When I left school I did a short course in psychology, which sparked my interest in how the mind works. This led me towards mental health nursing and when I qualified in 1987, I spent time working in forensic psychiatry which I thoroughly enjoyed. After completing the shortened general nursing programme, I quickly realised that my heart lay in emergency and intensive nursing. Emergency and intensive nursing was my focus until I decided to widen my horizons to teaching and more broadly to practice development.
Along the way I completed a BSc in Advanced Nursing, an MSc in Performance Psychology and most recently I completed the Scottish Coaching and Leading for Improvement Programme.
My role in NSS has evolved over the years from practice development to my present role as Associate Director of Nursing, Clinical Governance and Quality Improvement.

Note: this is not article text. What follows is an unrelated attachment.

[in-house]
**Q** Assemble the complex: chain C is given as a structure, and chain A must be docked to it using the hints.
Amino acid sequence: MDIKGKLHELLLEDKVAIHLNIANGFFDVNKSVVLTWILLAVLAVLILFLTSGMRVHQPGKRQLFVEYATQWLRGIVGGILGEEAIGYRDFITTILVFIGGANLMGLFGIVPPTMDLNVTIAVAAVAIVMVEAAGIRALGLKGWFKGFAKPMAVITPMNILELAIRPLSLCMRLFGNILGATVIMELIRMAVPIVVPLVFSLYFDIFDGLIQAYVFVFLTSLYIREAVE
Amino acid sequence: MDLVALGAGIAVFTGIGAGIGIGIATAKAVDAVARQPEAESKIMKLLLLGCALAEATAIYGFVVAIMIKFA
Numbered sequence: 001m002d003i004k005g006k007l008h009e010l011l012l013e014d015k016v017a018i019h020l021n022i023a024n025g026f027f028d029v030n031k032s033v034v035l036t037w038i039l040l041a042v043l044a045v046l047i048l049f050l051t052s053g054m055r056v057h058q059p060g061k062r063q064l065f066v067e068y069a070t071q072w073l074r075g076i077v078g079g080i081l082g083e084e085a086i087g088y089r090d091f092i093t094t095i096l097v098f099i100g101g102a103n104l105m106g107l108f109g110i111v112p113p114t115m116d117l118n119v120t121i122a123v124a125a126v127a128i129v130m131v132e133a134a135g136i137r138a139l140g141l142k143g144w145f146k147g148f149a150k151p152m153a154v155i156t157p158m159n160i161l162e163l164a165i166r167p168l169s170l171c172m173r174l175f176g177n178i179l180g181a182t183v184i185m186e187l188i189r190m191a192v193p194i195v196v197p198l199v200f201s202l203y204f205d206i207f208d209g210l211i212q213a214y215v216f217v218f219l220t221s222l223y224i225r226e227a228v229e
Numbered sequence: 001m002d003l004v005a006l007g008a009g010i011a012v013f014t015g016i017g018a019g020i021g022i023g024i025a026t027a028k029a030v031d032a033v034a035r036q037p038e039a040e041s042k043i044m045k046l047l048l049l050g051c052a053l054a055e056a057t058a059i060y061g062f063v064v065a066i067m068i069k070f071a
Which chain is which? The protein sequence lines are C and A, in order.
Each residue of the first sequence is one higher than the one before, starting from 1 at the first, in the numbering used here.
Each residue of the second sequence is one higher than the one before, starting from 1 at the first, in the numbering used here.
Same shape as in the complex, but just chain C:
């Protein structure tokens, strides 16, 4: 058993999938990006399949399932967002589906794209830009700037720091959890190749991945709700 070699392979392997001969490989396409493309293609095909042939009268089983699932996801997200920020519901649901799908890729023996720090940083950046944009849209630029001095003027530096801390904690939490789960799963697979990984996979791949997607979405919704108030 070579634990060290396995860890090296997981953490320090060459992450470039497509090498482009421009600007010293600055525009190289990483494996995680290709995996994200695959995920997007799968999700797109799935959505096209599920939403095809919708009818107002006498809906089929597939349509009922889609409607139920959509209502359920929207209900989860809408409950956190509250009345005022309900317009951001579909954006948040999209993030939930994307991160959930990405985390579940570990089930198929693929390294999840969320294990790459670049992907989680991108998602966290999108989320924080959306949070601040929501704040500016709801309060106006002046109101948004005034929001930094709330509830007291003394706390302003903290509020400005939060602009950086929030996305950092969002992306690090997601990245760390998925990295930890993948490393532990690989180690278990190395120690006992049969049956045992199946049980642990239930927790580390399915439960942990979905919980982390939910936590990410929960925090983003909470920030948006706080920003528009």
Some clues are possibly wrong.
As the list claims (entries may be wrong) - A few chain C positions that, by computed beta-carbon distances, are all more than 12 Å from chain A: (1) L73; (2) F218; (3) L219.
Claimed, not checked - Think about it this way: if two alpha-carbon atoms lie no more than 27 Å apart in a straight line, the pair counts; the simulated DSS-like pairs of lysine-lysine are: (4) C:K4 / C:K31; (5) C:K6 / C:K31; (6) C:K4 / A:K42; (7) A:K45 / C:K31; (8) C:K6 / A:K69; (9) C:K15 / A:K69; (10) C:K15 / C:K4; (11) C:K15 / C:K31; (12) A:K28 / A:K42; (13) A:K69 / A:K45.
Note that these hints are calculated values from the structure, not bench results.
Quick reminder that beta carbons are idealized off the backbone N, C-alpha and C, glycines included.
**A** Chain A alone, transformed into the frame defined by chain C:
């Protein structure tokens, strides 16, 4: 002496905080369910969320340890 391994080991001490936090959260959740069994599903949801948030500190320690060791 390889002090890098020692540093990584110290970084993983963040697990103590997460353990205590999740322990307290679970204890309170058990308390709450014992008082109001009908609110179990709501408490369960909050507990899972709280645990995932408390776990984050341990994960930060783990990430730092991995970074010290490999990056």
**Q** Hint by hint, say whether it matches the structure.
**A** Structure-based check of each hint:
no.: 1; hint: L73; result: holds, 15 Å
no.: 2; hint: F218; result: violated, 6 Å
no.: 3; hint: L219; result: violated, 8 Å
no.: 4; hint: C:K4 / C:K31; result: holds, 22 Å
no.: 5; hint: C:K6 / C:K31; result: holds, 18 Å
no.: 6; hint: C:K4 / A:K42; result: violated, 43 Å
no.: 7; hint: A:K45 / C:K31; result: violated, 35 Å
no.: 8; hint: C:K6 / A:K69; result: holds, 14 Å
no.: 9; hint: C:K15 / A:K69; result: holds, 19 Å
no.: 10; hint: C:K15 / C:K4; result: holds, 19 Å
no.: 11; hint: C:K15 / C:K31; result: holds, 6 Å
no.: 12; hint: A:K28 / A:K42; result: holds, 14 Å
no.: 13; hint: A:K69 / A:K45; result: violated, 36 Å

The COVID-19 pandemic has been a huge challenge to all our colleagues in nursing and those in other professions. In many ways it has demonstrated the thing I have valued most in nursing: our ability to adapt, overcome and work together, even in the most stressful and challenging situations. In emergency nursing you’re regularly required to operate in a rapidly changing environment much like our current situation. I find I work most effectively in a dynamic and changing environment - COVID-19 has certainly put the skills I’ve built up over the years in emergency care to good effect.
My role has changed along with many others during COVID-19, however as we move towards planning for the future I see immense opportunity to develop, using the lessons learned to grow as nurses and as an organisation.
To those aspiring nurses who want to see what you can give to and gain from our profession I would say just look around you and see how nurses have led, cared for and supported the country in the past weeks.
NSS is a great national organisation to contribute to as a nurse.
Ours is a profession to protect, care for and be proud of.